Wednesday, March 16, 2005

Dollars, Stadiums and Staff-Run Unions: It's a background day

Interesting Take on U.S. Foreign Policy
I was crusing along with my mp3 player yesterday, listening to the podcast of last Sunday night's Laura Flanders' show and heard this guy Jim Willie talking about the U.S. dollar, the Euro and the invasion of Iraq. He is one of those who argues that one of the major reasons for the invasion was Sadaam Huseein's shift to the Euro. Apparently, Iran has also made this move, and this, he says explains the U.S's increasingly threatening posture there. He was on the show talking about a number of things, including the notion that the real topic of Bush and Putin's meetings was the currency used in oil exchange. His "Hat Trick Letter" is part investment advice, part anti-Greenspan diatribe, part dire prediction of complete, Germany-in-the-1920s-styel collapse.

MTA/stadium update: Yesterday's NYT reported that the NFL have picked the non-existent (and as The Gothamist says) possibly doomed West-Side stadium as a site for the 2010 Superbowl.
and back-ground, as PPRM (That's a "pissed-off Puerto Rican Medievalist" in case you were wondering) pointed out in a comment on the last post, Stadiums are a bad sell. Andrew Zimablist's and Roger Noll's 1997 study found
that stadiums did not put money into local urban economies as promised. A more recent study by economists Victor Matheson and Robert Baade says that the Superbowl usually delivers about 1/4 of what the promoters promise.
But will that stop the corporate welfare?

Finally: What ya gonna do with a "staff-run" union ?
There's an interesting debate from last April's Labor Notes on the problem of union professional staff that covers a lot of the reasons for the problems of staff-run unions. I've had my own experiences with this phenomenon, and noted in a talk I gave back in 1998 at the American Studies Association, that the power of "professionally trained" union staffers to over-rule the rank and file members may actually be magnified where you'd least expect it, in academic unions, where new union activists from the middle-class see themselves as "bourgeois" while their staff (often from the same class as themselves) are defined as "working-class" simply because of their status as union activists. At the same time, academics and other white-collar union members tend to respect the authority of professionals and bureaucrats in a way that blue-collar unionists might not. More on this later.


Anonymous said...

This dollar thing is pretty damn important. The other day there was just a rumor that South Korea might switch some of its central bank holdings from Dollars to Euros and this created a panic on the currency markets. Interestingly, there was a hint of this issue on the West Wing a few weeks ago when a conservative Japanese economist warned that US budget deficits might cause a massive shift to the Euro, which would in turn decimate the US economy overnight. President Bartlet ended up spending that night sleeplessly tossing and turning as a result of this "doomsday" scenario. If either the OPEC nations or the East/South East Asian countries switch to the Euro we’ll be reduced to a Third World debtor nation requesting that Paul Wolfowitz at the World Bank give us a loan to keep the subways running.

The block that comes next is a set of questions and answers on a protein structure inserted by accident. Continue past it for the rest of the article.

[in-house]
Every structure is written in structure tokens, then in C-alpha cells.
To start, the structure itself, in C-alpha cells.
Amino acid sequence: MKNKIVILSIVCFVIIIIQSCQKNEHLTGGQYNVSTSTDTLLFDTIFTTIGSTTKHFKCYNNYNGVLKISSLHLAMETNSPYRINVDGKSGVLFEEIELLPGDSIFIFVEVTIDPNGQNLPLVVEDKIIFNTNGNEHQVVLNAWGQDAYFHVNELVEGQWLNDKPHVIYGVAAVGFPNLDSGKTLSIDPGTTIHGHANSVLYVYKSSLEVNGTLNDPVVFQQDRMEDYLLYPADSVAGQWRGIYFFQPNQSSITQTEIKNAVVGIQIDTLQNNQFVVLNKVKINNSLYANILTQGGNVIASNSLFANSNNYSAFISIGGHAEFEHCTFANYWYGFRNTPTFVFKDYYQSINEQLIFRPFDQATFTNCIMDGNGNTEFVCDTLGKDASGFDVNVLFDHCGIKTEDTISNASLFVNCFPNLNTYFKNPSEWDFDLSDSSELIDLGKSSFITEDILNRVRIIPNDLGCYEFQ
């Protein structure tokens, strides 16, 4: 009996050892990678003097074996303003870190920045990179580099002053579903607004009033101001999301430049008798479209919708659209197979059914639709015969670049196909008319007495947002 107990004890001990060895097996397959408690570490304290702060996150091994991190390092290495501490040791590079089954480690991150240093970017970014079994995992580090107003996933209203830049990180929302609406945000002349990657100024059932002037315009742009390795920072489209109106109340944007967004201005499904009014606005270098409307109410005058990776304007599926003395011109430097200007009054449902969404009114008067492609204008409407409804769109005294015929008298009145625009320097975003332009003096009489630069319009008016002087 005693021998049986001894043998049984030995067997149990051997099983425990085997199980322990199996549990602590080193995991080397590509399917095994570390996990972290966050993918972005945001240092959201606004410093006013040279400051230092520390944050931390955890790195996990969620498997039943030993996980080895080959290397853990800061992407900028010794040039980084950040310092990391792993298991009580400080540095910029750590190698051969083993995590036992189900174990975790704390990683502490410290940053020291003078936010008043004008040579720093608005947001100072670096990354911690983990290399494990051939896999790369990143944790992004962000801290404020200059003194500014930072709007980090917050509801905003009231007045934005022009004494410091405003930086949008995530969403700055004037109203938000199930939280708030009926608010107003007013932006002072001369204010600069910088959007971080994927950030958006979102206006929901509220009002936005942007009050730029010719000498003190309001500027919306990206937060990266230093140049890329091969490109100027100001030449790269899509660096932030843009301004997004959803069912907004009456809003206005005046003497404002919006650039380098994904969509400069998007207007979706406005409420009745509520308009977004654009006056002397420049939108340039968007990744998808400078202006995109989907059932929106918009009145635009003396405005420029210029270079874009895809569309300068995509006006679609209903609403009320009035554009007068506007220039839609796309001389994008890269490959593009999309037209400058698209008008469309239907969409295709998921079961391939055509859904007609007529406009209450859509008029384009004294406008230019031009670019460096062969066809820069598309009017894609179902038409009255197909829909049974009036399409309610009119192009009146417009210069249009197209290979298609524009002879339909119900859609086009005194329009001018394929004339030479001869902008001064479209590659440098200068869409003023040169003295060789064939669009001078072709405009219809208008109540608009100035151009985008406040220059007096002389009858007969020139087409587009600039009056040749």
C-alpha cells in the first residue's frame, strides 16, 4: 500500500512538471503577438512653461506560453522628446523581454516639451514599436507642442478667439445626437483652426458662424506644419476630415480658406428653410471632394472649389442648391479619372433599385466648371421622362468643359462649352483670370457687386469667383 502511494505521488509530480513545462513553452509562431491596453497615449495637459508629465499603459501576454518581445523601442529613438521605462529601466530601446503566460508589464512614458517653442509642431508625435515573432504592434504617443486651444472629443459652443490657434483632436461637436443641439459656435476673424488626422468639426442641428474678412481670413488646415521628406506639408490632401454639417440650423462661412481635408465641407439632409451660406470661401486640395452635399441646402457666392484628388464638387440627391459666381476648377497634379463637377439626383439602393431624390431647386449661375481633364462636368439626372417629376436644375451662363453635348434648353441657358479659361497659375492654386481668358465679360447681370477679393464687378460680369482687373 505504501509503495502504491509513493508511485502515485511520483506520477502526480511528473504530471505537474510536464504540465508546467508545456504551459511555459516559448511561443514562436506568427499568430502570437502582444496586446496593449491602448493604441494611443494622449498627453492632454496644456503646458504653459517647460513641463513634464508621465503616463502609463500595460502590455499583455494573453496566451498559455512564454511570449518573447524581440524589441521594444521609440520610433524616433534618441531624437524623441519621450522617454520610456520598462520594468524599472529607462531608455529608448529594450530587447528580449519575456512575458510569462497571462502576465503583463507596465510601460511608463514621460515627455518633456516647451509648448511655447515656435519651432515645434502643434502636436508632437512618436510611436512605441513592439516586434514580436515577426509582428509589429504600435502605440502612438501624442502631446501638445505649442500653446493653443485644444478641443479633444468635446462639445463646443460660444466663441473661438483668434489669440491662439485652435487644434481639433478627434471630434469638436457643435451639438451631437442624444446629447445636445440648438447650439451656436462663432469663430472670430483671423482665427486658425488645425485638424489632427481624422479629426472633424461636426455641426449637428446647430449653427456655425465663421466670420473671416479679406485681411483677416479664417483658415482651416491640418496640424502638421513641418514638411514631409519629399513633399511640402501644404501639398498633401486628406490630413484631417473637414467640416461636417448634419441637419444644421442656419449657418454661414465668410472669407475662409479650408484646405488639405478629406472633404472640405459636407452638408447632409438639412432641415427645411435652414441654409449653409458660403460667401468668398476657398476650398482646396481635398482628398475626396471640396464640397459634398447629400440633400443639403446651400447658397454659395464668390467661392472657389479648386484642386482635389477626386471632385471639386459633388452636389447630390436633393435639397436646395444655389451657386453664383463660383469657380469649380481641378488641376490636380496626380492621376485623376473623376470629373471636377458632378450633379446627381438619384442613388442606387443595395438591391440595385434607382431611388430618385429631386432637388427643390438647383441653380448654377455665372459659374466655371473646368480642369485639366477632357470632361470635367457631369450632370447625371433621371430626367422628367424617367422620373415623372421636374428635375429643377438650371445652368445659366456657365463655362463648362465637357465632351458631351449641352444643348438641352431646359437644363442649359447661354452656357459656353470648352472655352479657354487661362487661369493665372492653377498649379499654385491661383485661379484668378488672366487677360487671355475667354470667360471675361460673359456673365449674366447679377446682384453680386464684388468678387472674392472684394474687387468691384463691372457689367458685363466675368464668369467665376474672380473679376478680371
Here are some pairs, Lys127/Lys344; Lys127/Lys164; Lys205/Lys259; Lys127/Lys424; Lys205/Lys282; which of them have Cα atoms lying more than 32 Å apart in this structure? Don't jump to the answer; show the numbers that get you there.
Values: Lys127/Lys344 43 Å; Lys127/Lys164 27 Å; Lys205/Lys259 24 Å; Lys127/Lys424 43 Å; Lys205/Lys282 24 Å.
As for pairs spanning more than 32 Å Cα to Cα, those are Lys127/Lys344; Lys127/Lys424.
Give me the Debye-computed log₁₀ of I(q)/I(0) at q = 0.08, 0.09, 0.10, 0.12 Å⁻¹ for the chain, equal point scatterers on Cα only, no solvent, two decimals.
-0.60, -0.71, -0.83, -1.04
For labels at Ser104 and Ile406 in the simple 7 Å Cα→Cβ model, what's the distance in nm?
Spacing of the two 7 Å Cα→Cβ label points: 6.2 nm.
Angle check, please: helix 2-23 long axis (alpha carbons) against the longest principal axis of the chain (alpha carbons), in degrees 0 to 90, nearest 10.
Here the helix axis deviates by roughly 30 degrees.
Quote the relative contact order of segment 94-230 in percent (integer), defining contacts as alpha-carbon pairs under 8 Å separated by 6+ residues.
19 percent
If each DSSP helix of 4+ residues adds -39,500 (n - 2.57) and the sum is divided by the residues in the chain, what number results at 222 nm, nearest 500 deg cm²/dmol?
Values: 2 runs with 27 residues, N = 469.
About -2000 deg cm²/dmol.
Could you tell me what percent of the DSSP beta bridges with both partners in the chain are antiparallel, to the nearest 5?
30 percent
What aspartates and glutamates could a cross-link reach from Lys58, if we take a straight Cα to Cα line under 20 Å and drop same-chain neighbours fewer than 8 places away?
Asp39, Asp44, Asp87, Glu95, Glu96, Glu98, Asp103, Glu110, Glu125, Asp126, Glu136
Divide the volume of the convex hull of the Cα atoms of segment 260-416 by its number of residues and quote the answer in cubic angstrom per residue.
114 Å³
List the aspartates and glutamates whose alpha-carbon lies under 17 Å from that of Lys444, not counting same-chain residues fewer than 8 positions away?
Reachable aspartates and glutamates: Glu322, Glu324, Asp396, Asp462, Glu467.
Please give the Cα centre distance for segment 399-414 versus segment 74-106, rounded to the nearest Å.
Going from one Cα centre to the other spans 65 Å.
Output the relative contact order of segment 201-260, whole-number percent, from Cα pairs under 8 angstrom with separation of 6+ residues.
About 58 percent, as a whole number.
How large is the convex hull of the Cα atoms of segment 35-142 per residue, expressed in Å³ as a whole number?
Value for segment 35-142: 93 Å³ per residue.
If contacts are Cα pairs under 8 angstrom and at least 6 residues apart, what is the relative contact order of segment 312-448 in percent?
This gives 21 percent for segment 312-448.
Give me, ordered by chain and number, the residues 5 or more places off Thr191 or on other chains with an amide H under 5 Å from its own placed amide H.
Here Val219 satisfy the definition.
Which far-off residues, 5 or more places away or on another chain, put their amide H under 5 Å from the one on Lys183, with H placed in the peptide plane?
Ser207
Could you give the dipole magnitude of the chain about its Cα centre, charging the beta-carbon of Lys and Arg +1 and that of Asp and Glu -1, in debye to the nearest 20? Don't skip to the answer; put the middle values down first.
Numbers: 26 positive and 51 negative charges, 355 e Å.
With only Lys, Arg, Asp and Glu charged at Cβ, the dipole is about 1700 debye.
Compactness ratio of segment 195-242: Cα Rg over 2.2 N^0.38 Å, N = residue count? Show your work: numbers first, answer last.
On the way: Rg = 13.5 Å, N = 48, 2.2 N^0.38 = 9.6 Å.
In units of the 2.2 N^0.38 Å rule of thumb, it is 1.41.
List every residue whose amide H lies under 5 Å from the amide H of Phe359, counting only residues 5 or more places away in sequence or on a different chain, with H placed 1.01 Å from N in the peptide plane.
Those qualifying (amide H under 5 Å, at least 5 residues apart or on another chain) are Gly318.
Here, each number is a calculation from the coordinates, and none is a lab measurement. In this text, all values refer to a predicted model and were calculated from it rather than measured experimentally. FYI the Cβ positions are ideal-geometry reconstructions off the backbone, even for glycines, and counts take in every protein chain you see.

As for staff unions, I totally agree. There has to be an increase in member involvement over professional staff control. I think the PSC actually has that much more than most other professional unions, but we need a lot more of it. Don't let the bureaucrats force us to be "reasonable."

PPRM said...

I must place two corrections to an earlier comment I made regarding economist Andrew Zimabalist's opinions and involvement regarding the proposed West Side Stadium.
1) He was no endorsed building the West Side Stadium but has actually pointed out about $151 million in costs that are not included in the proposal and would be built at taxpayer expense.
2) He did serve as a consultant for Bruce Ratner's proposed arena for the NJ Nets over the Atlantic Avenue Railyards in Brooklyn. He did endorse this plan after seeing it. While it appears out of character, his endorsement appears lukewarm at best. First of all, he is intellecually honest in that he is engaging in the exercise of predicting about 30+ years of economic activilty. Second, he does say in his report that he is "assuming" certain conditions, which he will accept can be questioned, and guarantees of costs and spending by Ratner and the Nets. Third, he said that the overall project would provide a net gain for NYC, but that the arena itself would be a money loser. However, what would make all this profitable is housing. As was said by Neil deMause in "Field of Schemes," then why bother with the Nets. Just cover the yards, build the darn housing, make the bucks and let's keep going.

My blogger identity is PPRM or "Poor Puerto Rican Medievalist", not "pissed-off..." I may be pissed off but it has nothing to do with either being a medievalist or Puerto Rican.